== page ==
Officials have confirmed they will hold talks with individual countries as soon as next month in a bid to alleviate concerns of the music industry
Officials have confirmed they will hold talks with individual countries as soon as next month in a bid to alleviate concerns of the music industry over touring visas. Under the Brexit trade deal, artists are bound by rules set by member states rather than Brussels after a failure to agree terms on the matter in talks before Christmas.
The UK has blamed the EU for the problems facing the industry saying Brussels rejected a “generous offer” made by Britain.
Now, officials from the Department of Digital, Culture, Media and Sport (DCMS) have confirmed they intend to talks to Europe’s capitals to fix the issues.
“The conversations we want to be having with member states will be happening very shortly,” Alastair Jones, DCMS deputy director for creative and cultural touring project told MPs this morning.
He added the talks could begin “potentially as soon as” in two weeks times.
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He told members of the DCMS select committee: “With those conversations, we’ll be exploring where improvements to arrangements can be made.
“Those conversations are happening within Government now and they’ll be happening with member states very shortly.”
Under the current agreement, artists could be required to fill in bureaucratic paperwork for every country in which they intend to tour, even if they are only staying in the member state for a matter of days.
The music industry has warned the red tape risks making large European tours unviable.
Britain has said it is eager to fix the issues as soon as possible but the EU capitals must also be willing to initiate such an agreement.
Mr Jones told the committee: “We need to see what’s possible.
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Deborah Annetts, chief executive of the Incorporated Society of Musicians, spelt out the urgency in fixing the deal for artists.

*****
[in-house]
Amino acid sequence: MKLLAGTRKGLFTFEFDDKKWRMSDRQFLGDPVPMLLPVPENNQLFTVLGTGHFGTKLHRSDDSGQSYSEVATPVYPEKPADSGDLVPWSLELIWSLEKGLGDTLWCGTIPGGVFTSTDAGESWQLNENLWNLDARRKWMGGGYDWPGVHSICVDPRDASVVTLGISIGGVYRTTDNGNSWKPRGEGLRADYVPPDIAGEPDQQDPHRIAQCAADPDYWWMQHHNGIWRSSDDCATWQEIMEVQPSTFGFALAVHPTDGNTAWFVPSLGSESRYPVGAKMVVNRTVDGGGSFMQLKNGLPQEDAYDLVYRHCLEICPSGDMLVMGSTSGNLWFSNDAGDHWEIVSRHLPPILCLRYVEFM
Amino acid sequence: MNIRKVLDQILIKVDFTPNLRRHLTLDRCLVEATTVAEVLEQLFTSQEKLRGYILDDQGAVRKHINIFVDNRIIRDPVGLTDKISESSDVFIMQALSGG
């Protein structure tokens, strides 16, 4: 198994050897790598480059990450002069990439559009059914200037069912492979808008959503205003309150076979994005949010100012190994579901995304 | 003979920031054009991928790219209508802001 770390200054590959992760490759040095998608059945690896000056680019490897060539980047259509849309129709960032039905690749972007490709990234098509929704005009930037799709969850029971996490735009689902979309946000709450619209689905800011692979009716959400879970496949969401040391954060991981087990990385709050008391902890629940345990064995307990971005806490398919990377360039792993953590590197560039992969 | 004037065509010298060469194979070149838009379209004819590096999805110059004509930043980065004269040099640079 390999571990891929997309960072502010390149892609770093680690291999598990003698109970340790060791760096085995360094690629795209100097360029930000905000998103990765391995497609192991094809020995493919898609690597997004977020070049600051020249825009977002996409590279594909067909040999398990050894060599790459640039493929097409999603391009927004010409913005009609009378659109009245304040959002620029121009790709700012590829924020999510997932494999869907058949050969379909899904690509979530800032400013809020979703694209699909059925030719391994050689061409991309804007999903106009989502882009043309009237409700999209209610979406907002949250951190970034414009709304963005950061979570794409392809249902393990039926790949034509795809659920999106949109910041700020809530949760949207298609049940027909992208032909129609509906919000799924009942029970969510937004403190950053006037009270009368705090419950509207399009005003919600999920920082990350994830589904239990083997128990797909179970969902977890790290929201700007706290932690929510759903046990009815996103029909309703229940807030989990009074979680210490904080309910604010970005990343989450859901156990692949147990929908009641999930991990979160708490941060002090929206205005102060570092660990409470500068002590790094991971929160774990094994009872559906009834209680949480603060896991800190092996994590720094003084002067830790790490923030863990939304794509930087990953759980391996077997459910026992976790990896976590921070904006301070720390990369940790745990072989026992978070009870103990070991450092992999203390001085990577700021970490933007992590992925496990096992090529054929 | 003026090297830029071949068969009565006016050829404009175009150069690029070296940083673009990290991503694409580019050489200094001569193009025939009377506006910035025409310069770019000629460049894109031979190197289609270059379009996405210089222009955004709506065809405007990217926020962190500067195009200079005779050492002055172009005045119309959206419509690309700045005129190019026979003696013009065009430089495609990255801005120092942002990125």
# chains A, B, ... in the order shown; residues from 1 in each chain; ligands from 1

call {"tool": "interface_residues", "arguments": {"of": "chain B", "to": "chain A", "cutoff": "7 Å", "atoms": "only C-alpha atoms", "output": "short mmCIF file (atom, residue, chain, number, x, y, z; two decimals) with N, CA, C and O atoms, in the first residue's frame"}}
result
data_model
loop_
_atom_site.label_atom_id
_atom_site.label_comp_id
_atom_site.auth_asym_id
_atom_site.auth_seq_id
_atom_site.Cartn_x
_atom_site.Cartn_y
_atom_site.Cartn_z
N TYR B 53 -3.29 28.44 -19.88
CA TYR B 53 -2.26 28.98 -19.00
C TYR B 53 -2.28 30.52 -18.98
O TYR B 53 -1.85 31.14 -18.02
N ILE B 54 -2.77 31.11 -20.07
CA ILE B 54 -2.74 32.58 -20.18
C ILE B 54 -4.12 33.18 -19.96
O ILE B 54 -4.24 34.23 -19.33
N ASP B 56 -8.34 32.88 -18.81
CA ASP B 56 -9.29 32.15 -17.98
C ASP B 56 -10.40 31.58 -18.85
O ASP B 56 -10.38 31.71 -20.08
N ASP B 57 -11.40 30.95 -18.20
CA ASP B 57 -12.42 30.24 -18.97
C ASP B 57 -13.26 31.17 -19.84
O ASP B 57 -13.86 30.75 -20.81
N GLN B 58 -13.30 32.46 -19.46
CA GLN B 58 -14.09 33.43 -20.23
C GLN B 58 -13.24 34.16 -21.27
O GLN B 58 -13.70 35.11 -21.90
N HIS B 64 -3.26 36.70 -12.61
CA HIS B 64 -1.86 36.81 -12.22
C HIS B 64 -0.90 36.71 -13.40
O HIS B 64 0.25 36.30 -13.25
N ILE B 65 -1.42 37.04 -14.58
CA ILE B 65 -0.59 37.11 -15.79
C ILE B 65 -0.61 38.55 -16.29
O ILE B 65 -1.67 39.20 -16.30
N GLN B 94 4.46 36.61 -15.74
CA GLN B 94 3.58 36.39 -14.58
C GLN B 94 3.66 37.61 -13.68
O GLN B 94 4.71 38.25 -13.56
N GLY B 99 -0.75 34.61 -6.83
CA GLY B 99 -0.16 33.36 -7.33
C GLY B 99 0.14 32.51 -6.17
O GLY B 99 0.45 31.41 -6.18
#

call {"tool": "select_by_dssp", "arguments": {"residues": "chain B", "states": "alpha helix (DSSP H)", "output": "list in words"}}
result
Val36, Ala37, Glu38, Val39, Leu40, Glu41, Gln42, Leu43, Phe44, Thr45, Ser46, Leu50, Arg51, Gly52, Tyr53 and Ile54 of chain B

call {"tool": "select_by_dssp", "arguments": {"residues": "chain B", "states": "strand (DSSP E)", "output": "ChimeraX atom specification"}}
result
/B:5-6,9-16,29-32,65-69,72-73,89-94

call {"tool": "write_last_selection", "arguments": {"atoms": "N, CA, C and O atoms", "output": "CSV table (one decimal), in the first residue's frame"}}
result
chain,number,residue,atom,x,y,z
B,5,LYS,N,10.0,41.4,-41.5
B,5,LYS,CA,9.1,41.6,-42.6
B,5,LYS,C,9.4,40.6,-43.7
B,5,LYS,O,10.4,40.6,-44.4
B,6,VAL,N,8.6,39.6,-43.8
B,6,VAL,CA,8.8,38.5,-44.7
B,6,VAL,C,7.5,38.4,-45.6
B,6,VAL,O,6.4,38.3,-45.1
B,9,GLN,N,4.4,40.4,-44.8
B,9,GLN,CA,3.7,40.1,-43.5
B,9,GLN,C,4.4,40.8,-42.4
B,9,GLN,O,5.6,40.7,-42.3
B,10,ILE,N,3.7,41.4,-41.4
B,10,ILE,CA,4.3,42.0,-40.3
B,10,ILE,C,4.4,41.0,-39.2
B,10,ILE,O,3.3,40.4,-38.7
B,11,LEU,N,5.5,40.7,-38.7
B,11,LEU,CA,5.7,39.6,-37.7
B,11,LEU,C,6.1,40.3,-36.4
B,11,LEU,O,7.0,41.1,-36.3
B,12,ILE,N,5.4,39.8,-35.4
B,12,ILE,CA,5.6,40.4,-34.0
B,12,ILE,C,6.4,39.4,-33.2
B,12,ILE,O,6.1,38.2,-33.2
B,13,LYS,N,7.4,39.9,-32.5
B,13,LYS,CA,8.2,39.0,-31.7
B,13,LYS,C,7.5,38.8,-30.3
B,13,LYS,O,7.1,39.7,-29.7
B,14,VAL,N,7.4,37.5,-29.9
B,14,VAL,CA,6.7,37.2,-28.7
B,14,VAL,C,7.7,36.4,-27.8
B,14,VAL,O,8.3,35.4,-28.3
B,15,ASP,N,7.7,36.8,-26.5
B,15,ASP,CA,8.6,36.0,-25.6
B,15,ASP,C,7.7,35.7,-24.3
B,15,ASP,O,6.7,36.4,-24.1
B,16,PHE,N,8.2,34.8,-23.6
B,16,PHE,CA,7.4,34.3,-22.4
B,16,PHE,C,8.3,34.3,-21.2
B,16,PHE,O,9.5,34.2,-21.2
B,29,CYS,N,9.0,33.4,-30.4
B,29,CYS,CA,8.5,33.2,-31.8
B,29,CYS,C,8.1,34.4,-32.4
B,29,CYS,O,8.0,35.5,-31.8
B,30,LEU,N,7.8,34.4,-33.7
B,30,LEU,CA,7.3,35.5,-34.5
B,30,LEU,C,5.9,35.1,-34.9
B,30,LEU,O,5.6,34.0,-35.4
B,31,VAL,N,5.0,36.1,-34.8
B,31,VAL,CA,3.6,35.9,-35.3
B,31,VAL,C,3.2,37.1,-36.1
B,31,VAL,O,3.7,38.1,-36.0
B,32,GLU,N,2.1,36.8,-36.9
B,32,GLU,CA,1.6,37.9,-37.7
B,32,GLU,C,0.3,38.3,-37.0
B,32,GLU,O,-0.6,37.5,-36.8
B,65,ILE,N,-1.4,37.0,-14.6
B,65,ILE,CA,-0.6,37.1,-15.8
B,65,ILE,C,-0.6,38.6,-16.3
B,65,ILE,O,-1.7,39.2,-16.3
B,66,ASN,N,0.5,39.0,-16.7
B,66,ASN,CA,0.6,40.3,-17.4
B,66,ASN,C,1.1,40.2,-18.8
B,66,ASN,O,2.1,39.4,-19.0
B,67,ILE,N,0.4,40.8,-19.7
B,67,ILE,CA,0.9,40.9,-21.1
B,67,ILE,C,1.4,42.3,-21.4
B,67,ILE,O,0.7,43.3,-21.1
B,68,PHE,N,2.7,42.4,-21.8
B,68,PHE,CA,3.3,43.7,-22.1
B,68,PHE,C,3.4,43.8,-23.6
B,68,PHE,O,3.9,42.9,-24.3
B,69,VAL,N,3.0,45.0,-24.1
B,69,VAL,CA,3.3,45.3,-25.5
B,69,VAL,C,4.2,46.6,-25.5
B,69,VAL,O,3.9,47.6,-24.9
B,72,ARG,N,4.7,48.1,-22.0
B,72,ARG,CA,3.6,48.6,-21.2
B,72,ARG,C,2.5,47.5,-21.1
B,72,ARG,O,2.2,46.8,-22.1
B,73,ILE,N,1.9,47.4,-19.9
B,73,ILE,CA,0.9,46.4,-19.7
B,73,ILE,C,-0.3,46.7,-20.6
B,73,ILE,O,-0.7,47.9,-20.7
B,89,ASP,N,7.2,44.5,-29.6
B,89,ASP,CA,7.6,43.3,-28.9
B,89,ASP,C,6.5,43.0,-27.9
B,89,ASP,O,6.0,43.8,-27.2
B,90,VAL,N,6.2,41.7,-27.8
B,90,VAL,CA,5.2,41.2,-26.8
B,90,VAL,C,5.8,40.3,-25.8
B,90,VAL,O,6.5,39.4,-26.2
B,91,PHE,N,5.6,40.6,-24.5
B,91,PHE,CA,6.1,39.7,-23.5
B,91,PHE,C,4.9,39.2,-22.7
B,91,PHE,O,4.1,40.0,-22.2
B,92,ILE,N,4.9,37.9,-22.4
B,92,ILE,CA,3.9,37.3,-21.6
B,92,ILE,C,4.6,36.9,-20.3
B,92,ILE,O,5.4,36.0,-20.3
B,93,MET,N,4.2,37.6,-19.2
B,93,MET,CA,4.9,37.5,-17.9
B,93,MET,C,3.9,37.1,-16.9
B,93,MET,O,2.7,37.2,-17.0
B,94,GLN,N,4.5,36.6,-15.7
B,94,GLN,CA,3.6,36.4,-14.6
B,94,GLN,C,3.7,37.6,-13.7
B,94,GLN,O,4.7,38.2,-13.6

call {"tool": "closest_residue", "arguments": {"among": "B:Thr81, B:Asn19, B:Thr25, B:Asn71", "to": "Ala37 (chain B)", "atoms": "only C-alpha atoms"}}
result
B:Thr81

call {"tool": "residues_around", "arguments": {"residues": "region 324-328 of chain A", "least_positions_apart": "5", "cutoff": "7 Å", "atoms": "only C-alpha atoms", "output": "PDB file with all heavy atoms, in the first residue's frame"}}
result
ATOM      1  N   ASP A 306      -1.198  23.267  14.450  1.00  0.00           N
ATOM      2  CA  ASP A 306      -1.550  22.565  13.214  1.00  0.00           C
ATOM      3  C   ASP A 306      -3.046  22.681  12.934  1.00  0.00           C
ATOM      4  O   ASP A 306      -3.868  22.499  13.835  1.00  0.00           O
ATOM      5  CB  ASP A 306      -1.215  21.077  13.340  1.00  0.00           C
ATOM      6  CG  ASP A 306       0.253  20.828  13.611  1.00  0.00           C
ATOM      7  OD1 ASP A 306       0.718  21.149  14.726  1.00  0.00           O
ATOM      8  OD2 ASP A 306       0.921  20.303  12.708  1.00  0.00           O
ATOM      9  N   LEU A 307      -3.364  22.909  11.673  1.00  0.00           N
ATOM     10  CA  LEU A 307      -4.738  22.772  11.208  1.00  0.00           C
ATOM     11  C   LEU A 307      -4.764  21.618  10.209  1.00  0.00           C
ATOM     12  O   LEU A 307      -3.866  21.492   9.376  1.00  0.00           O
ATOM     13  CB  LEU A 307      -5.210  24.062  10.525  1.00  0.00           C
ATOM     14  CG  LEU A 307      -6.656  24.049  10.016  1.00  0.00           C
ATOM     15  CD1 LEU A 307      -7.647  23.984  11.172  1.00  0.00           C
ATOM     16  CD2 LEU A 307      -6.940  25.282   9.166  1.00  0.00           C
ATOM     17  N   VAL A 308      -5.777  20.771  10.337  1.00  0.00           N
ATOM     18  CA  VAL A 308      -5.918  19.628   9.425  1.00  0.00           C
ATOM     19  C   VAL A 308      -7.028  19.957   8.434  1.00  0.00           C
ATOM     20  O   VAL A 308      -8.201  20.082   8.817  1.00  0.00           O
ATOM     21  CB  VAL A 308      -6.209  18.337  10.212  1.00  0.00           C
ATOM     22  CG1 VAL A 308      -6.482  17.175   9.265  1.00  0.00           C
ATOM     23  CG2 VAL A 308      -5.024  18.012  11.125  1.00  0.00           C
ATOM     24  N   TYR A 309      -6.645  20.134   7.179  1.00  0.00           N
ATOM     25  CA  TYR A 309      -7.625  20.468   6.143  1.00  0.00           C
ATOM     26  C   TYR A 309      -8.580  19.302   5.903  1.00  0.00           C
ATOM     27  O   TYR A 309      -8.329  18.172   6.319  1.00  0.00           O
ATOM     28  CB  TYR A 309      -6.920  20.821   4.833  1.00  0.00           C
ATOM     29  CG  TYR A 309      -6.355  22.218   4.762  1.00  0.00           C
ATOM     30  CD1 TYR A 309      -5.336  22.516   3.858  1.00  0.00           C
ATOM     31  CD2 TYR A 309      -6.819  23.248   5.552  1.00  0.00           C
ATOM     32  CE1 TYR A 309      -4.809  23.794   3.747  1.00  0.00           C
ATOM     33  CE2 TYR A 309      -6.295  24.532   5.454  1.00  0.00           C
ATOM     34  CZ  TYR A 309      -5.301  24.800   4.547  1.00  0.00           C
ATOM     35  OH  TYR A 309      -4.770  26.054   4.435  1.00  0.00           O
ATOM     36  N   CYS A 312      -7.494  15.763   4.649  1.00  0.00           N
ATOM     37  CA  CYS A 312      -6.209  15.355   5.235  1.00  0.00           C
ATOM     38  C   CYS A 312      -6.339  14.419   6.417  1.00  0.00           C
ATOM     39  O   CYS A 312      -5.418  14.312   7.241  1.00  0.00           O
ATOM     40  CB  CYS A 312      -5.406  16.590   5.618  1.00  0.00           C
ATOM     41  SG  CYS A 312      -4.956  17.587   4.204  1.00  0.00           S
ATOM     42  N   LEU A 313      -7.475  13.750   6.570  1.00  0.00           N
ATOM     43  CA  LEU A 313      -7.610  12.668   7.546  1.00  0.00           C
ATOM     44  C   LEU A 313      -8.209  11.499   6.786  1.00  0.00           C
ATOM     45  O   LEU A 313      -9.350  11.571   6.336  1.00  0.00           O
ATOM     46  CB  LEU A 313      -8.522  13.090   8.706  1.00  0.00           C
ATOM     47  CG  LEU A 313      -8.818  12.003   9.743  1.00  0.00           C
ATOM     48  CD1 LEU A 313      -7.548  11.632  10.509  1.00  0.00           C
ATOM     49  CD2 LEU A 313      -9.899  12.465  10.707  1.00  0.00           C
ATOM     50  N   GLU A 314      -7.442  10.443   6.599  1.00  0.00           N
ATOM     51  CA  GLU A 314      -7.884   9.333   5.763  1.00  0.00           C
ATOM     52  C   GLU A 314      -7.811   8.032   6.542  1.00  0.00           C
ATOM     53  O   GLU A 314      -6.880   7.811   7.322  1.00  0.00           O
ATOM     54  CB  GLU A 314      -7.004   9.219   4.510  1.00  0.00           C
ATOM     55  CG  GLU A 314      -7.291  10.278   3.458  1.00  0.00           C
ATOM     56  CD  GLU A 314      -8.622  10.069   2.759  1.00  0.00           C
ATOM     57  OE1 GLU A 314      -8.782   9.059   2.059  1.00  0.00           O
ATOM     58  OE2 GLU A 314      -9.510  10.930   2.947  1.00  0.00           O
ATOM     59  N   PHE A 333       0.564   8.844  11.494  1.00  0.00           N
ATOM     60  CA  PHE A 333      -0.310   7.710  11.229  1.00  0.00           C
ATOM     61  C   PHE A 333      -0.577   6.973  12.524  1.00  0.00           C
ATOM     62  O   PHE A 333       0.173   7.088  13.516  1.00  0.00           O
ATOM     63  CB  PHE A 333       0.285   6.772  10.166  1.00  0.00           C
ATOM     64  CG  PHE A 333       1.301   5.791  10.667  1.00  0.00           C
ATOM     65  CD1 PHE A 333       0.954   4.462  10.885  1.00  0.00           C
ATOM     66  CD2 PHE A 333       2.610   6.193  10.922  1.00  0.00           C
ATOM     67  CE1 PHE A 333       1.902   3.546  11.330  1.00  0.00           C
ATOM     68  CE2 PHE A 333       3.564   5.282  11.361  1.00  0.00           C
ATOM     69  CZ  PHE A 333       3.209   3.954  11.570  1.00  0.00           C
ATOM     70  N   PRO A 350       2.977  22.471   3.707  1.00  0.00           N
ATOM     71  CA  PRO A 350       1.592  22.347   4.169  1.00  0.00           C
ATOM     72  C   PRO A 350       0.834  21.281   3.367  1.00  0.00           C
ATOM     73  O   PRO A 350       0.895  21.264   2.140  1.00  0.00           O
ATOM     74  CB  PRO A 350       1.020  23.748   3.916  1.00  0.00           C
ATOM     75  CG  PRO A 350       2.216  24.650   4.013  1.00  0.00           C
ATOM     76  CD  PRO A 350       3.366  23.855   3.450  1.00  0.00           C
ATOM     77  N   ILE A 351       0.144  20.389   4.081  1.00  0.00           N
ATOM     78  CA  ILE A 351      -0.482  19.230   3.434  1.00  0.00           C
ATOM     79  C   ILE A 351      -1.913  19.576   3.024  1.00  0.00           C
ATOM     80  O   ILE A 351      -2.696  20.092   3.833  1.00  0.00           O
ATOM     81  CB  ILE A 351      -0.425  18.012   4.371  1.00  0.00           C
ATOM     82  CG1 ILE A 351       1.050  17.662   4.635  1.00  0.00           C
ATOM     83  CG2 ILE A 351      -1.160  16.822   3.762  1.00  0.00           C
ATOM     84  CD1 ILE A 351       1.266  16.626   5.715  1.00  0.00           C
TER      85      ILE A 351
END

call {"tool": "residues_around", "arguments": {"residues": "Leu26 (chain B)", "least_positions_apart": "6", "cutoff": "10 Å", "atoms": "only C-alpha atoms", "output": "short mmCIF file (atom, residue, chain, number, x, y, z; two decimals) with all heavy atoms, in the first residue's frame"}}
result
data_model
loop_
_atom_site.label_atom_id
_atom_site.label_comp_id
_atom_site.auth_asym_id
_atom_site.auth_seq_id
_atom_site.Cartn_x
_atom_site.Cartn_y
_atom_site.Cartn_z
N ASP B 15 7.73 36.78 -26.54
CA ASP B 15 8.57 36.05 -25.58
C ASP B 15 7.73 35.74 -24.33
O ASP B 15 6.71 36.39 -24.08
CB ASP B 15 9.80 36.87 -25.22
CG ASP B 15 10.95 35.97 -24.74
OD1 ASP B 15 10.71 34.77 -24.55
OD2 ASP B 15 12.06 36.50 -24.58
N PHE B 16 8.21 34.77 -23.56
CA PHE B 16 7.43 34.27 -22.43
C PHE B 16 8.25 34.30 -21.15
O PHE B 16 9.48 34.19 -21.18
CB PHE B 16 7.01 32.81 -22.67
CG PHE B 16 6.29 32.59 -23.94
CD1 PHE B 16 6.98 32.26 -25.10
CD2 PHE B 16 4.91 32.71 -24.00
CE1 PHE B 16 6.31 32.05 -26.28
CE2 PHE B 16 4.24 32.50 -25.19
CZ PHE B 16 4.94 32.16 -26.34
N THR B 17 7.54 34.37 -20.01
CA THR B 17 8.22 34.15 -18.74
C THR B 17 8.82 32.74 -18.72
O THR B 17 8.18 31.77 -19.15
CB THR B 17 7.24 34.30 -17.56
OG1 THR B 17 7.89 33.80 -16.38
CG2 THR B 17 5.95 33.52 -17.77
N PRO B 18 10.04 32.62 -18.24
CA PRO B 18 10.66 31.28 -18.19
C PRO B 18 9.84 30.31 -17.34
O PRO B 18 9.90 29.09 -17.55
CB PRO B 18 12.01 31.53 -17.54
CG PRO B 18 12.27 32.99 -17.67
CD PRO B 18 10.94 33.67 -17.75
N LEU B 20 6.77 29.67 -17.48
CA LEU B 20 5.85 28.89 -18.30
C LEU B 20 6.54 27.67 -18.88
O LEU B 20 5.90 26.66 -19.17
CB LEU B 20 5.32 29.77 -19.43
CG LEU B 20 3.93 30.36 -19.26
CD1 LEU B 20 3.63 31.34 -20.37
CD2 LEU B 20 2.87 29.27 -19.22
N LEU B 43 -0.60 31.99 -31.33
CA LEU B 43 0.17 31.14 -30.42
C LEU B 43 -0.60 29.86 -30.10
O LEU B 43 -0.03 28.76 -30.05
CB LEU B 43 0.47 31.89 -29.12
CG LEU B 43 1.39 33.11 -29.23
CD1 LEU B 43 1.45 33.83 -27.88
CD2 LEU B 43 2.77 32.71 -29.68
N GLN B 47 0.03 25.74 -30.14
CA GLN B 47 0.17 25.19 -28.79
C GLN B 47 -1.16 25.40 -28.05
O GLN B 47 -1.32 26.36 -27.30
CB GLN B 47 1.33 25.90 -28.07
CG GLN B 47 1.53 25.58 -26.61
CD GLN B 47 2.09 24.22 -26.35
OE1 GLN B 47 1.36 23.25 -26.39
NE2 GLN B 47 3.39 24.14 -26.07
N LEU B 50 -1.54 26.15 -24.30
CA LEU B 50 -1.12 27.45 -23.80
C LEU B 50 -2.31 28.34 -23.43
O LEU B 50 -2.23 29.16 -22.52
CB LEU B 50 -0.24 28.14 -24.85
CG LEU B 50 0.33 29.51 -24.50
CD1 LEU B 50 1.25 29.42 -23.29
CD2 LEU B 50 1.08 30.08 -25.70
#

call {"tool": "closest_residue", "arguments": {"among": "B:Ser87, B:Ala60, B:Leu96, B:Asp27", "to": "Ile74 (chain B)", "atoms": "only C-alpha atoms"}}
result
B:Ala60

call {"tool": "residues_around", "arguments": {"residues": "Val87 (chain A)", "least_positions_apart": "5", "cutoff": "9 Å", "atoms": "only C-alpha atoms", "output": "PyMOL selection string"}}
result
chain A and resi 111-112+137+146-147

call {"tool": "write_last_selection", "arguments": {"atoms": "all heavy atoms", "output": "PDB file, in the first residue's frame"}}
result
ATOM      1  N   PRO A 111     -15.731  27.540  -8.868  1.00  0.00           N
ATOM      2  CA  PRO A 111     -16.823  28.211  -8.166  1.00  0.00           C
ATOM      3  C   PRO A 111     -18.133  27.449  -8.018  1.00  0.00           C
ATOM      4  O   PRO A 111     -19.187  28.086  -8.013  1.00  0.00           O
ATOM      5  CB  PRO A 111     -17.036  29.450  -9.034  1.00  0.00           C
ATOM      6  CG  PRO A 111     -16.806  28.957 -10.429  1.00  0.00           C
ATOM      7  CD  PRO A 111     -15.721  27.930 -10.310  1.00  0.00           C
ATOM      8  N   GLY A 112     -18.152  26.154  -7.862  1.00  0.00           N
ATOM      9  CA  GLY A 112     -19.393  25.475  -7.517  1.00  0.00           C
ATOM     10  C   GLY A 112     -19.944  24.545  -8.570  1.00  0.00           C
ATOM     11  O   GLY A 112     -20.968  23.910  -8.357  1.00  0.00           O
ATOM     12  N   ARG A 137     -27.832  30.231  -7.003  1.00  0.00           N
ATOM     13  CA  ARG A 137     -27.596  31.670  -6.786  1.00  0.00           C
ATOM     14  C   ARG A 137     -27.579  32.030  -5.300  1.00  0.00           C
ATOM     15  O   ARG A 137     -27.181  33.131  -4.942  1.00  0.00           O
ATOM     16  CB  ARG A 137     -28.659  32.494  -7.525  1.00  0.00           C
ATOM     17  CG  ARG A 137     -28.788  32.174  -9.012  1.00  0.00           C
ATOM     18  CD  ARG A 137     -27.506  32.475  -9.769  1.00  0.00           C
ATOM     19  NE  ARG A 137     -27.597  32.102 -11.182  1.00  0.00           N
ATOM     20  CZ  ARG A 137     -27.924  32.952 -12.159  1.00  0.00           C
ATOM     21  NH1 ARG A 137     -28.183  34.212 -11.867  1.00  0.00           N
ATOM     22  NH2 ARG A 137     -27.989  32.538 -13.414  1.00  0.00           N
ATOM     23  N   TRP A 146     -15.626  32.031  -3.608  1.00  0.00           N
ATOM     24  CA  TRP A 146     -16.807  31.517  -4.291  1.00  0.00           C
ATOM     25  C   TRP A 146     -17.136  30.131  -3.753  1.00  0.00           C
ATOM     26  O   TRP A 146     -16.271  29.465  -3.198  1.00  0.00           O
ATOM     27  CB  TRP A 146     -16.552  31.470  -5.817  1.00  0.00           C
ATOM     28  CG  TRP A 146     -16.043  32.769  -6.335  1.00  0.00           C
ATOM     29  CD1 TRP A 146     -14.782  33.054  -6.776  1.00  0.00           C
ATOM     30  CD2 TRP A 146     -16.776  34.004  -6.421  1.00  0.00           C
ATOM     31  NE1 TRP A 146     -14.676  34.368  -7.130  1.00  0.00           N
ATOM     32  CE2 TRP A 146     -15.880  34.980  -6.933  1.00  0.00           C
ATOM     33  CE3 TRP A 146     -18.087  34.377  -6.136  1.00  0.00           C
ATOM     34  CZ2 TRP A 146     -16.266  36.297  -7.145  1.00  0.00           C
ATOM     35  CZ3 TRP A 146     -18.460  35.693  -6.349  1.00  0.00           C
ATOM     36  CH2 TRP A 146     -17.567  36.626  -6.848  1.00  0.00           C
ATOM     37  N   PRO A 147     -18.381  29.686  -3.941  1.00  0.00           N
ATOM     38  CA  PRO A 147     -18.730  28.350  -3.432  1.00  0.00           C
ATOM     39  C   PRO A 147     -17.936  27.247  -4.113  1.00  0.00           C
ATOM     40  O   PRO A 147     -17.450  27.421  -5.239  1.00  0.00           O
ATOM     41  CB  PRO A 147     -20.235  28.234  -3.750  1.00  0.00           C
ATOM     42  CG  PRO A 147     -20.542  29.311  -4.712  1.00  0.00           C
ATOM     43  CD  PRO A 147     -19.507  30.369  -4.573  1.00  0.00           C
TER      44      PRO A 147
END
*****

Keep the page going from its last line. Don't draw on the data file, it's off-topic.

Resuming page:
She said touring musicians are thinking in “quite desperate” terms about whether they can continue in the industry with post-Brexit travel rules.
The sector leader called on Culture Minister Caroline Dinenage negotiate with European capitals to “put in place a visa waiver agreement”.
Earlier this month Culture Secretary Oliver Dowden accused the EU of being “absurd and self-defeating” by rejecting an offer made by the UK in trade talks to secure visas for touring artists.
However, the European Commission has blamed Britain saying UK negotiators “refused to include a commitment on visa-free short stays”, which could have helped musicians and other artists when touring.
“As a result, it is now up to each member state to determine if a visa is required for short-stay visits for the purpose of carrying out a paid activity.
“This is fully in line with EU law.”
Explaining Britain’s decision to not agree with the counter-offer from the EU, Mr Dowden said: “The reason why we rejected the offer from the European Union was that it wasn’t binding, it didn’t cover touring, it didn’t cover technical support staff, and crucially, it didn’t cover work permits.”